\”Currently, there is no requirement to publicly disclose safety records, which has allowed companies to operate without critical checks and balances,\” he noted.
This amendment would require any publicly-traded mine company to report the following information in their annual and quarterly filings with the SEC:
1. The total number of significant and substantial violations of mandatory health or safety standards;
2. The total number of failures to abate orders issued under section 104(b) of the Mine Act;
3. The total number of citations and orders for unwarrantable failure of the mine operator to comply with mandatory health or safety standards under the Mine Act;
4. The total number of flagrant violations under the Mine Act;
5. The total number of imminent danger orders issued under the Mine Act;
6. The total dollar value of MSHA proposed penalties and fines;
7. A list of the regulated worksites that have been notified by MSHA of a Pattern of Violation or a Potential to have a Pattern of Violations under the Mine Act; and
8. Pending legal action before the Federal Mine Safety and Health Review Commission.
In addition, any publicly-traded mining company must issue an immediate \”8-K\” disclosure report to the SEC if it:
1. Receives a shutdown order under section 107(a) of the Mine Act (imminent danger), or
2. Receives notice that a mine site has a potential or actual pattern of violations.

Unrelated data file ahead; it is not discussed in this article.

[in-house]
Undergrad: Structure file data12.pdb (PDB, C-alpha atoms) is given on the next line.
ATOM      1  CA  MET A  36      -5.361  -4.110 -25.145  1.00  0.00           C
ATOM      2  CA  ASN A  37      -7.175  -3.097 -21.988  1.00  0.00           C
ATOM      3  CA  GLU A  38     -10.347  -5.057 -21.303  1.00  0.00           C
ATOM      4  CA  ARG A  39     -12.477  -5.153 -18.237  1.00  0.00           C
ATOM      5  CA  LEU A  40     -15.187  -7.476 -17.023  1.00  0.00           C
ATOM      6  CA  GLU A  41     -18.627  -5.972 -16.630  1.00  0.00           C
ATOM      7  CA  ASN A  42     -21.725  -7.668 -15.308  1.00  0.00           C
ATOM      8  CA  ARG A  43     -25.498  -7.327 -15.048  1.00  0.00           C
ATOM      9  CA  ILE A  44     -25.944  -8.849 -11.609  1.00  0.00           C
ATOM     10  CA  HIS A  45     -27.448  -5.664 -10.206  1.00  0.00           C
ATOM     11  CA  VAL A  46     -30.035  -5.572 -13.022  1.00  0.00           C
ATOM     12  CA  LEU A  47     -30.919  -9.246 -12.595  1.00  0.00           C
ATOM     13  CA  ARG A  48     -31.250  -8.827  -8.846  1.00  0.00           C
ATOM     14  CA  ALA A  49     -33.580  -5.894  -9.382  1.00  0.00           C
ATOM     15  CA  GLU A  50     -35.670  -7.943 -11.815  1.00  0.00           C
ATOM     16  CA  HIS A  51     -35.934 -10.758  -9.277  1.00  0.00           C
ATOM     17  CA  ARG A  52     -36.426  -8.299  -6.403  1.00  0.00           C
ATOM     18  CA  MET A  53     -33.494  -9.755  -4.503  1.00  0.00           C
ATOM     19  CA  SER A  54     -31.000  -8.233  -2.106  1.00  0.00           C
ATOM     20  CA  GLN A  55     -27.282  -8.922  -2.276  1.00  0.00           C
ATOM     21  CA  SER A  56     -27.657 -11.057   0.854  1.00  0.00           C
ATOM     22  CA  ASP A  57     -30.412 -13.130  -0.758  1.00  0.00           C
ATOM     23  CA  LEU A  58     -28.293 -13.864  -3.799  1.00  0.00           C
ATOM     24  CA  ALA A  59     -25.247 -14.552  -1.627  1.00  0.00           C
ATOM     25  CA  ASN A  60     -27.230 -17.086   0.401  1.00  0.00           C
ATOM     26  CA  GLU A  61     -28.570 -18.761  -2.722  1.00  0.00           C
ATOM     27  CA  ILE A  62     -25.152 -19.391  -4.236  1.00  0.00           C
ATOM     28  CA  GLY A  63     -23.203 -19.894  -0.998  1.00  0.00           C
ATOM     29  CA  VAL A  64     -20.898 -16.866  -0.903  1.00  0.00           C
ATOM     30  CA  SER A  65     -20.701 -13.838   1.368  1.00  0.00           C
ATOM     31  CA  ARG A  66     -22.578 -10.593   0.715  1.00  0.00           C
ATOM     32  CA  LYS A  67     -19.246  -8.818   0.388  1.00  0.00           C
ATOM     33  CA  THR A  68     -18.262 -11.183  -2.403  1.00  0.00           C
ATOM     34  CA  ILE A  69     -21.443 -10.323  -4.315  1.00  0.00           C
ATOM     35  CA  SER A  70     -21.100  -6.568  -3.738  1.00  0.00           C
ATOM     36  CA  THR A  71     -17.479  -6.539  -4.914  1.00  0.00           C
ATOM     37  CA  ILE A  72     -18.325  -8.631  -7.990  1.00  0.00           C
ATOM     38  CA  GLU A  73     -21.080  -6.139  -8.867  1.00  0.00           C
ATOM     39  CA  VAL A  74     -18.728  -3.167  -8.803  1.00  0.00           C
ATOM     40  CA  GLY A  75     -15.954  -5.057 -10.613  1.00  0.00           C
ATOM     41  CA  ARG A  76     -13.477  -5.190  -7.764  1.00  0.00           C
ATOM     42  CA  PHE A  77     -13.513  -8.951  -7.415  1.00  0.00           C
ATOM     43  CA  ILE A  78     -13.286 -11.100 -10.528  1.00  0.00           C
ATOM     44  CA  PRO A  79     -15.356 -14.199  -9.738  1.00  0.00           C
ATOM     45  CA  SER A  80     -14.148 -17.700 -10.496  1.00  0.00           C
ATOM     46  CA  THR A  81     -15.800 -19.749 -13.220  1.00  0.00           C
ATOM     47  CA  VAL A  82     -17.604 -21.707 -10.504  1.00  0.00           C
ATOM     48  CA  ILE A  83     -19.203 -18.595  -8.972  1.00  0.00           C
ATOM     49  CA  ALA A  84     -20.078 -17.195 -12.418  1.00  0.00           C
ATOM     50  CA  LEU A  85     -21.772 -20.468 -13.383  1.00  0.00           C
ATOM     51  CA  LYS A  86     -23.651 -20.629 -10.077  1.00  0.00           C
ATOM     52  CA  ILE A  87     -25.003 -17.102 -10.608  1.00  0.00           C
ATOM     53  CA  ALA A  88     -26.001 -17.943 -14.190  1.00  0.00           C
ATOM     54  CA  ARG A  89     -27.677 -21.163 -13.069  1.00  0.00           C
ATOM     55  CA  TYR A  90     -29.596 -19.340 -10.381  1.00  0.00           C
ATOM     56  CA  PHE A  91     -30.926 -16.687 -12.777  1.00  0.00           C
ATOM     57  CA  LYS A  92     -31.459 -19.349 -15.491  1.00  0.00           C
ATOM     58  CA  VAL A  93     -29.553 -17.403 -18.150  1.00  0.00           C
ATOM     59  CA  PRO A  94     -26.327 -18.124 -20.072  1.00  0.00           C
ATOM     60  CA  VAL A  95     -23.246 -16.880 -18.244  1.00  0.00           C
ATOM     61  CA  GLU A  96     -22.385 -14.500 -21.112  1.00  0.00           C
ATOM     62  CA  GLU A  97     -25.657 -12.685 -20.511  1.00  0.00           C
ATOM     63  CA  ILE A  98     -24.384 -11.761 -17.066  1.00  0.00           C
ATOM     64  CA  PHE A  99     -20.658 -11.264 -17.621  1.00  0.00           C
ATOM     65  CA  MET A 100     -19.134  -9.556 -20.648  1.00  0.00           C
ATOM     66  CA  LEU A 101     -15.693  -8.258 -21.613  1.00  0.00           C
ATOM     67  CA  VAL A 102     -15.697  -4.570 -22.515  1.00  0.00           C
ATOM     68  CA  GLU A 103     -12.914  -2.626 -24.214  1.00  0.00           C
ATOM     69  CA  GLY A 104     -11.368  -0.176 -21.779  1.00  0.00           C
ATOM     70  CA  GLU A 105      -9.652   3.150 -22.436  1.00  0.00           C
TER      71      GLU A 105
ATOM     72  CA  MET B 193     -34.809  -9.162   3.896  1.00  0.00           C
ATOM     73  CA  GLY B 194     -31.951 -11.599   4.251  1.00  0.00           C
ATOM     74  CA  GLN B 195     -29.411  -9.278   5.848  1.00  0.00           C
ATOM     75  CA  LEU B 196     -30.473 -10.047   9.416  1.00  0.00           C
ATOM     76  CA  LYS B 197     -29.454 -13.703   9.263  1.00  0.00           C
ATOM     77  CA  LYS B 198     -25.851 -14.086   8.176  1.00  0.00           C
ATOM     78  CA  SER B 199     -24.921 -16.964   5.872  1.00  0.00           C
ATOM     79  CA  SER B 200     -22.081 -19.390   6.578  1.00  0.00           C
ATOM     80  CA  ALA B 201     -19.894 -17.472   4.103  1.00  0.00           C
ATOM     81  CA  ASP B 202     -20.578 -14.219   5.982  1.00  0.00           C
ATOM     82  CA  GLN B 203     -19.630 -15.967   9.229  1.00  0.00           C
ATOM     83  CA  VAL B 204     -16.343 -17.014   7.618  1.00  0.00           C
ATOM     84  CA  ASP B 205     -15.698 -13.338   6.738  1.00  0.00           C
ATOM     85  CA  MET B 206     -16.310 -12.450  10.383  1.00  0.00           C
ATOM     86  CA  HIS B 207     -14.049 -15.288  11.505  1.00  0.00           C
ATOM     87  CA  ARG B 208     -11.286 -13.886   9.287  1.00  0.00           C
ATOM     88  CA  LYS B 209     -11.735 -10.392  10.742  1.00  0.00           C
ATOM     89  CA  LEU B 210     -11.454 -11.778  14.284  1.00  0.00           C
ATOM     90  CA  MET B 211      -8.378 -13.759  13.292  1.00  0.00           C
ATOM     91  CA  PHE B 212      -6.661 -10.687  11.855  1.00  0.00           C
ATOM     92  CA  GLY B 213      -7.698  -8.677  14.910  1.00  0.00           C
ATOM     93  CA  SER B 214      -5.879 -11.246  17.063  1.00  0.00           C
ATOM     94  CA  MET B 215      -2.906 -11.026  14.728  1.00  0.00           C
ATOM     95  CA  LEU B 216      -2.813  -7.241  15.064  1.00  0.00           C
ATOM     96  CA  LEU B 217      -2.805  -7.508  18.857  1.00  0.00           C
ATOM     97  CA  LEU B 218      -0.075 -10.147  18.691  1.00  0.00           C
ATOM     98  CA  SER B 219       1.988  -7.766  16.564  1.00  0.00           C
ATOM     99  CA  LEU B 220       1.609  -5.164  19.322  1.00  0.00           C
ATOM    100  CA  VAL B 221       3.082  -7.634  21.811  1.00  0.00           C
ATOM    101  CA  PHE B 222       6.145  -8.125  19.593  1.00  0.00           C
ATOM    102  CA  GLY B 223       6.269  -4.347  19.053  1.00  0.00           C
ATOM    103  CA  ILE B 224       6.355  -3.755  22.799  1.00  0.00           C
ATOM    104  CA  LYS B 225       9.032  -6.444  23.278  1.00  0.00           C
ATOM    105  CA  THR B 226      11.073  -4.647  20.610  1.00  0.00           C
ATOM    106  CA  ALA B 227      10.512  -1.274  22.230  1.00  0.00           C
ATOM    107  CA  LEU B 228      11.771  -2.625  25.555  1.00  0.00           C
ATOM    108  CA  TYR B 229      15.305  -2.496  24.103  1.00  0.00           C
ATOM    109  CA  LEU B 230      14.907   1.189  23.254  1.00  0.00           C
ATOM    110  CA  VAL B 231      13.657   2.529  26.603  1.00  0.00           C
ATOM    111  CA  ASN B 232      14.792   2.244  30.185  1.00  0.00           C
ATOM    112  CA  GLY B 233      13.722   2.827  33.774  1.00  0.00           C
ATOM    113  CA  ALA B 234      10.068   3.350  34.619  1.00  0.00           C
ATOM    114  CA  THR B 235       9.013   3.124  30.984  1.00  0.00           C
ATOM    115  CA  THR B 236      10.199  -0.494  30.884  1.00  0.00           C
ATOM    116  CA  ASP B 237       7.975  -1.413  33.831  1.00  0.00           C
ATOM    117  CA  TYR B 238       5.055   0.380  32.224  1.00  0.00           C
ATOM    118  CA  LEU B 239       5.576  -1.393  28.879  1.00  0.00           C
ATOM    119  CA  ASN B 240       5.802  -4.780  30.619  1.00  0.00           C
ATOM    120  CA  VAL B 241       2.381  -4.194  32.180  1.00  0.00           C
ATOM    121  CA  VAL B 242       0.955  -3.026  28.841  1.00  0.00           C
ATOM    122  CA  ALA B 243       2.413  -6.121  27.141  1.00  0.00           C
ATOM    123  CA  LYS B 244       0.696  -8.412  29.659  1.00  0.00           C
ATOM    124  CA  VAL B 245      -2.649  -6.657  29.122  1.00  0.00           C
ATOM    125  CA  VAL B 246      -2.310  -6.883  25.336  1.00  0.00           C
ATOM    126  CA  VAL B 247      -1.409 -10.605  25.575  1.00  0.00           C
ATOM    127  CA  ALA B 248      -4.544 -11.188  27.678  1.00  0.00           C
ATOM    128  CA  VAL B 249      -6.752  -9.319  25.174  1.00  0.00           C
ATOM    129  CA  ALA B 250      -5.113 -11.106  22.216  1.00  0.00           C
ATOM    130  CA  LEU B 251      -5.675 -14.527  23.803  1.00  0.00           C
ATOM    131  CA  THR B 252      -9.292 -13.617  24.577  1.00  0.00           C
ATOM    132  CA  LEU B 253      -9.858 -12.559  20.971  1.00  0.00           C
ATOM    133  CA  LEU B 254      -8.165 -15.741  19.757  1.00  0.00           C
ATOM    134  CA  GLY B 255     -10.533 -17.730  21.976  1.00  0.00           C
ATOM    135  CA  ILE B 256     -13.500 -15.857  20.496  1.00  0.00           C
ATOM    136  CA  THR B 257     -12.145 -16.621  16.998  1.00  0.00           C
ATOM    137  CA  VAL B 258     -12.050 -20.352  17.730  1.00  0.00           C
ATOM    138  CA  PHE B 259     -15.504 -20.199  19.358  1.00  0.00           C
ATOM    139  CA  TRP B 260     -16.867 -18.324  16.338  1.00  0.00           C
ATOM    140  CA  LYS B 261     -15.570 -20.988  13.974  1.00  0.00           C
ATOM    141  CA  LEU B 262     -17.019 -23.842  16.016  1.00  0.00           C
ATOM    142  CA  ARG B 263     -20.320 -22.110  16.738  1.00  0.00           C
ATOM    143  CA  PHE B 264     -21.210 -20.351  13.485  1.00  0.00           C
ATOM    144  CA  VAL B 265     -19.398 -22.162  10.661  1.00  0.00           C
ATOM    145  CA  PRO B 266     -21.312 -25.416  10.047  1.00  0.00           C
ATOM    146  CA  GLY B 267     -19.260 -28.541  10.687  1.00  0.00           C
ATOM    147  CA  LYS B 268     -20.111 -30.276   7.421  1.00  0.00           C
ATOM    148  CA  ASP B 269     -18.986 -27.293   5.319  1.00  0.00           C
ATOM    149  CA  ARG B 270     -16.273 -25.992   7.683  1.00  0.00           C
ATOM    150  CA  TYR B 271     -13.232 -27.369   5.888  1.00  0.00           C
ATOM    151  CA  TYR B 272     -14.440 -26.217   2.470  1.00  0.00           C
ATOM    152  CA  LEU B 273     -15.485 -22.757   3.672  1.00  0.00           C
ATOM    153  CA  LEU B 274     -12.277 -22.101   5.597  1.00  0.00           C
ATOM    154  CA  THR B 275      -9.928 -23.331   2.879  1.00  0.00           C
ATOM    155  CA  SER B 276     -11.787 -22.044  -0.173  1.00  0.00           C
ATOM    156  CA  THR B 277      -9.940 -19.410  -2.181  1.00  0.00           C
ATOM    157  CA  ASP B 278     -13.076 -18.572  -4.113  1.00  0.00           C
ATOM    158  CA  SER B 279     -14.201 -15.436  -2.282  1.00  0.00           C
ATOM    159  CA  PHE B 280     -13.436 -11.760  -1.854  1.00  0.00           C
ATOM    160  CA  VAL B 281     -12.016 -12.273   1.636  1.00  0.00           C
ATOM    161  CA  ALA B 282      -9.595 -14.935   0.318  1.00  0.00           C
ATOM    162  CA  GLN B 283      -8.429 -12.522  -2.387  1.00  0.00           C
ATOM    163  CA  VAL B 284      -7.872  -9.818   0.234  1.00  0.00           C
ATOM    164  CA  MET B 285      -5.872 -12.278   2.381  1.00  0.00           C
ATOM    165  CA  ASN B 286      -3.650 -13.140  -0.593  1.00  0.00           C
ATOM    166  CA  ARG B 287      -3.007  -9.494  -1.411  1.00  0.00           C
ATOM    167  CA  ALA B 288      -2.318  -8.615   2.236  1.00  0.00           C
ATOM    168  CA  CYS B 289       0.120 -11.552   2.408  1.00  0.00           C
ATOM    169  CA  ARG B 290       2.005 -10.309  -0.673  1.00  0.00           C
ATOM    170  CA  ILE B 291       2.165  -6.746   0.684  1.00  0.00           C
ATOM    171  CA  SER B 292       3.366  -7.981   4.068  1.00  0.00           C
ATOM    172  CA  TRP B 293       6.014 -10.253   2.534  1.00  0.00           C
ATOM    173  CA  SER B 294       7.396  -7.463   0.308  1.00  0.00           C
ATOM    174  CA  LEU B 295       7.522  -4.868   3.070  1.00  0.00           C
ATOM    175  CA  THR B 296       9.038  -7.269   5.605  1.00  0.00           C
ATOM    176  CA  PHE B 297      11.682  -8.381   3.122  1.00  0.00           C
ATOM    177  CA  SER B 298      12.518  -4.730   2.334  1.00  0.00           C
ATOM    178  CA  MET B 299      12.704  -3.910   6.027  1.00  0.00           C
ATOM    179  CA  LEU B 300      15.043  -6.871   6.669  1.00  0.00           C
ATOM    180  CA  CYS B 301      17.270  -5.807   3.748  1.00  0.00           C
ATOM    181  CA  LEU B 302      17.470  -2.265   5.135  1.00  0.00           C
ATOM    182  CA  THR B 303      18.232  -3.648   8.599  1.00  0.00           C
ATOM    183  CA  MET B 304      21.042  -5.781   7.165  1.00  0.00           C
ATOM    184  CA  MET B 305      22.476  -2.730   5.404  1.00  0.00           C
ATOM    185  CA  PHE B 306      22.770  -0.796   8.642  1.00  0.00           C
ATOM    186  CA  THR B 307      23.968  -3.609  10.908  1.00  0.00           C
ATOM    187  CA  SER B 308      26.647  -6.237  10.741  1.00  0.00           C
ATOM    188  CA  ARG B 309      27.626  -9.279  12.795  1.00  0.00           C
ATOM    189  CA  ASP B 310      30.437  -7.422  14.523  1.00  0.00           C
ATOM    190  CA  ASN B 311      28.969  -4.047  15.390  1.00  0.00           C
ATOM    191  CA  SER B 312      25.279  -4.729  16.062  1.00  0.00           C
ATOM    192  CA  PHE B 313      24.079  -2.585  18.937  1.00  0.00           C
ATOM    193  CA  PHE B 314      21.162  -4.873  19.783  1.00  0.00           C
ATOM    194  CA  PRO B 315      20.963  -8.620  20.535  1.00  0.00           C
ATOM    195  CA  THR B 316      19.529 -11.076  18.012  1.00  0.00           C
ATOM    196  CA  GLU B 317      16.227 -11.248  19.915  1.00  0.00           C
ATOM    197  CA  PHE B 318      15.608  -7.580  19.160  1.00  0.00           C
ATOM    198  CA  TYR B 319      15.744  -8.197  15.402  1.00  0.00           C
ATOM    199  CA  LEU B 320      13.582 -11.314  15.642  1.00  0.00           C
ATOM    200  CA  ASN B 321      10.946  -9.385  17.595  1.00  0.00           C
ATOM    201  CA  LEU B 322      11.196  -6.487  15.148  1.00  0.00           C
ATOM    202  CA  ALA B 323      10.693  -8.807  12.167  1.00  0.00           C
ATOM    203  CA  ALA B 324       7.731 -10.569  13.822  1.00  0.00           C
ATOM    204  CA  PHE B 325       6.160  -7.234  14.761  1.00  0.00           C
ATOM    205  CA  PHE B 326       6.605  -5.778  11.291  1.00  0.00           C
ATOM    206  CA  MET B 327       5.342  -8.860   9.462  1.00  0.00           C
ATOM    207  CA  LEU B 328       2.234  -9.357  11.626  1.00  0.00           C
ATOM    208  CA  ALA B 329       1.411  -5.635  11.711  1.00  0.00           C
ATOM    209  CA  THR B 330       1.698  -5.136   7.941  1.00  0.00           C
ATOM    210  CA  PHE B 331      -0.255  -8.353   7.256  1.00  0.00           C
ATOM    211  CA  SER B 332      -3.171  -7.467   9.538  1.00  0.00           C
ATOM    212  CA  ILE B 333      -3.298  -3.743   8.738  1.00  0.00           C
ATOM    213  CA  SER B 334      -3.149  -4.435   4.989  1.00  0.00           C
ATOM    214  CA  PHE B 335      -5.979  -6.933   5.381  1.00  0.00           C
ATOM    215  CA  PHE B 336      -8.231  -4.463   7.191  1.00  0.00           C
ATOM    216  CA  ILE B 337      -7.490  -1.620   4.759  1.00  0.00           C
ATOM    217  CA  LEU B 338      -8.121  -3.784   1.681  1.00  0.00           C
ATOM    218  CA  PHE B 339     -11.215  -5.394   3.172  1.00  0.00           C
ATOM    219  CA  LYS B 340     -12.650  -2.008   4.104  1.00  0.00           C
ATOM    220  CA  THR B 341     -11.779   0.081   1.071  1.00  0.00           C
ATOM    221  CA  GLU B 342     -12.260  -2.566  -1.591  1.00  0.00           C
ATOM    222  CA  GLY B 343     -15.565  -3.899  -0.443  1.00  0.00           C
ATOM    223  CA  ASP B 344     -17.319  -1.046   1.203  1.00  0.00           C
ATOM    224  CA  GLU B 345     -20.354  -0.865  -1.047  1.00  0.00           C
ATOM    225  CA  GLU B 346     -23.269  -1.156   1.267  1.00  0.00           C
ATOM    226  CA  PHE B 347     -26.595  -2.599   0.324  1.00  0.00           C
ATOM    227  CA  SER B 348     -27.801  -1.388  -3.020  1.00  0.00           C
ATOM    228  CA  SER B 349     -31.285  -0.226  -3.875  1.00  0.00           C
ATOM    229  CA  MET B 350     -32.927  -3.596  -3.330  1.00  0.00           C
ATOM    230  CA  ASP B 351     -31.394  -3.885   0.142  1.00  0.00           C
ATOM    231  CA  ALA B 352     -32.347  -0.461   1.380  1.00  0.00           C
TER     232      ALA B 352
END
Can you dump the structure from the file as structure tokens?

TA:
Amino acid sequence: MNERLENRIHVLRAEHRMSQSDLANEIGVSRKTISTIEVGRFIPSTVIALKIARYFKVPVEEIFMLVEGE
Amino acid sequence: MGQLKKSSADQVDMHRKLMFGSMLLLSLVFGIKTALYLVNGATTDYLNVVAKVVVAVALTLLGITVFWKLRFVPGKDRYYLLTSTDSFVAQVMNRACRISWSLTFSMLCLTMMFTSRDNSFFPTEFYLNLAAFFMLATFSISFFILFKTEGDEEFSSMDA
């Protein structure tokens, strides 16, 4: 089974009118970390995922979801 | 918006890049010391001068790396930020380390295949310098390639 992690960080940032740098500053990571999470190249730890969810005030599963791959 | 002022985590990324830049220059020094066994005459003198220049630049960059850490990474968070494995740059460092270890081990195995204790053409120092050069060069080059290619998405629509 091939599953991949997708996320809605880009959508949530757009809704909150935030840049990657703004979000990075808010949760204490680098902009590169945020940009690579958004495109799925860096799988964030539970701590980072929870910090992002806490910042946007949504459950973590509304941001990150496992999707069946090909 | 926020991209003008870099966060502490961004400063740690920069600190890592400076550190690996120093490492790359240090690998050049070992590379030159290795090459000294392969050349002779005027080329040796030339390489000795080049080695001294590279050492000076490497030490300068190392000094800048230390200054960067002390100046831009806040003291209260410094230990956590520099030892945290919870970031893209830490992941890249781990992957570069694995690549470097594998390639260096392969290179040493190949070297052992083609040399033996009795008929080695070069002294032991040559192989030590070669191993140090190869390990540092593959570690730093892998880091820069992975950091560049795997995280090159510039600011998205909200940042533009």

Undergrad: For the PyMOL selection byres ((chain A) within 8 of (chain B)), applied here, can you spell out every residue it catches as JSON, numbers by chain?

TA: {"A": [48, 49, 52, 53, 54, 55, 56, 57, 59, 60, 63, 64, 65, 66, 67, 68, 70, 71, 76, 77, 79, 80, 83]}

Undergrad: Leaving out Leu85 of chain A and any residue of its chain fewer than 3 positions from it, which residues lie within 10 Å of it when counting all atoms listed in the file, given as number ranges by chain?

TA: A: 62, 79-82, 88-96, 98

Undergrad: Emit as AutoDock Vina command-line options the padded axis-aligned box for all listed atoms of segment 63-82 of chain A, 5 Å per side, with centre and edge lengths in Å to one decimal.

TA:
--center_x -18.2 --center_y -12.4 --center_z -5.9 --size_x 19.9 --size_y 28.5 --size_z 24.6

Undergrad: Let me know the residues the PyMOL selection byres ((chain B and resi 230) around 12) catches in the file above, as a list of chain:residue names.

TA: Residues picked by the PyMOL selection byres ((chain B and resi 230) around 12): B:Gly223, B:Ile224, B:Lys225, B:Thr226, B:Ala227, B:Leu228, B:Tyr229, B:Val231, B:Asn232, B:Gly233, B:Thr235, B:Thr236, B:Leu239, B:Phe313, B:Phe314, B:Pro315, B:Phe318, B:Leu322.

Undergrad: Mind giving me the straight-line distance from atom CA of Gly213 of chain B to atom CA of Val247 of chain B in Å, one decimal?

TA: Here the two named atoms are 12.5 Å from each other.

The article seems to have been written for Mineweb. The original article by Dorothy Kosich is at http://tinyurl.com/2dsh2ms
Sen. Jay Rockefeller\’s media statement on the issue is at http://tinyurl.com/22oqeby
I think it all gets back to application and Tooma is on the right track with prescriptive measures holding those to account who need to be held to account for non compliance. The only issue is in the application of penalties by the authorities .
I keep seeing the word \”Accident\” teamed with work place injuries which tends to soften the impact of the \”workplace injury\”. In the main they are preventable injuries caused by lack of due diligence by management and in some cases, stupidity by workers.
When I start to see court lists of major size and consequence on a daily basis, hauling transgressors of OHSW law before the judiciary and significant penalties being handed down, then and only then, will I believe we are on the road to having a major impact on improvement in workplace safety.
In most SafetyAtWorkBlog posts, \”accident\” is replaced with \”incident\” but even that is soft although I don\’t think it is as dismissive. Some reports of crashes in the transport sector have moved away from \”accident\” and I think gradually \”accident\” will have a more specific application.
\”…the United States’ safety professionals and regulators need to accept that their system of OHS legislation and enforcement is not “world’s best practice”.\”
My recent forays into US workplace safety issues has me very puzzled – just what is the basis of OSHA and MSHA legislation? Maybe Michael Tooma could \’please explain\’ – I\’m overly familiar with the UK and Australian legislative models. The Canadian is largely comprehensible. The USA – I just don\’t get it, seems very antiquated – is this like the old style prescriptive legislation that I\’m far to young to remember in Aus? And this \”rule making\” they bang on about – how does that work?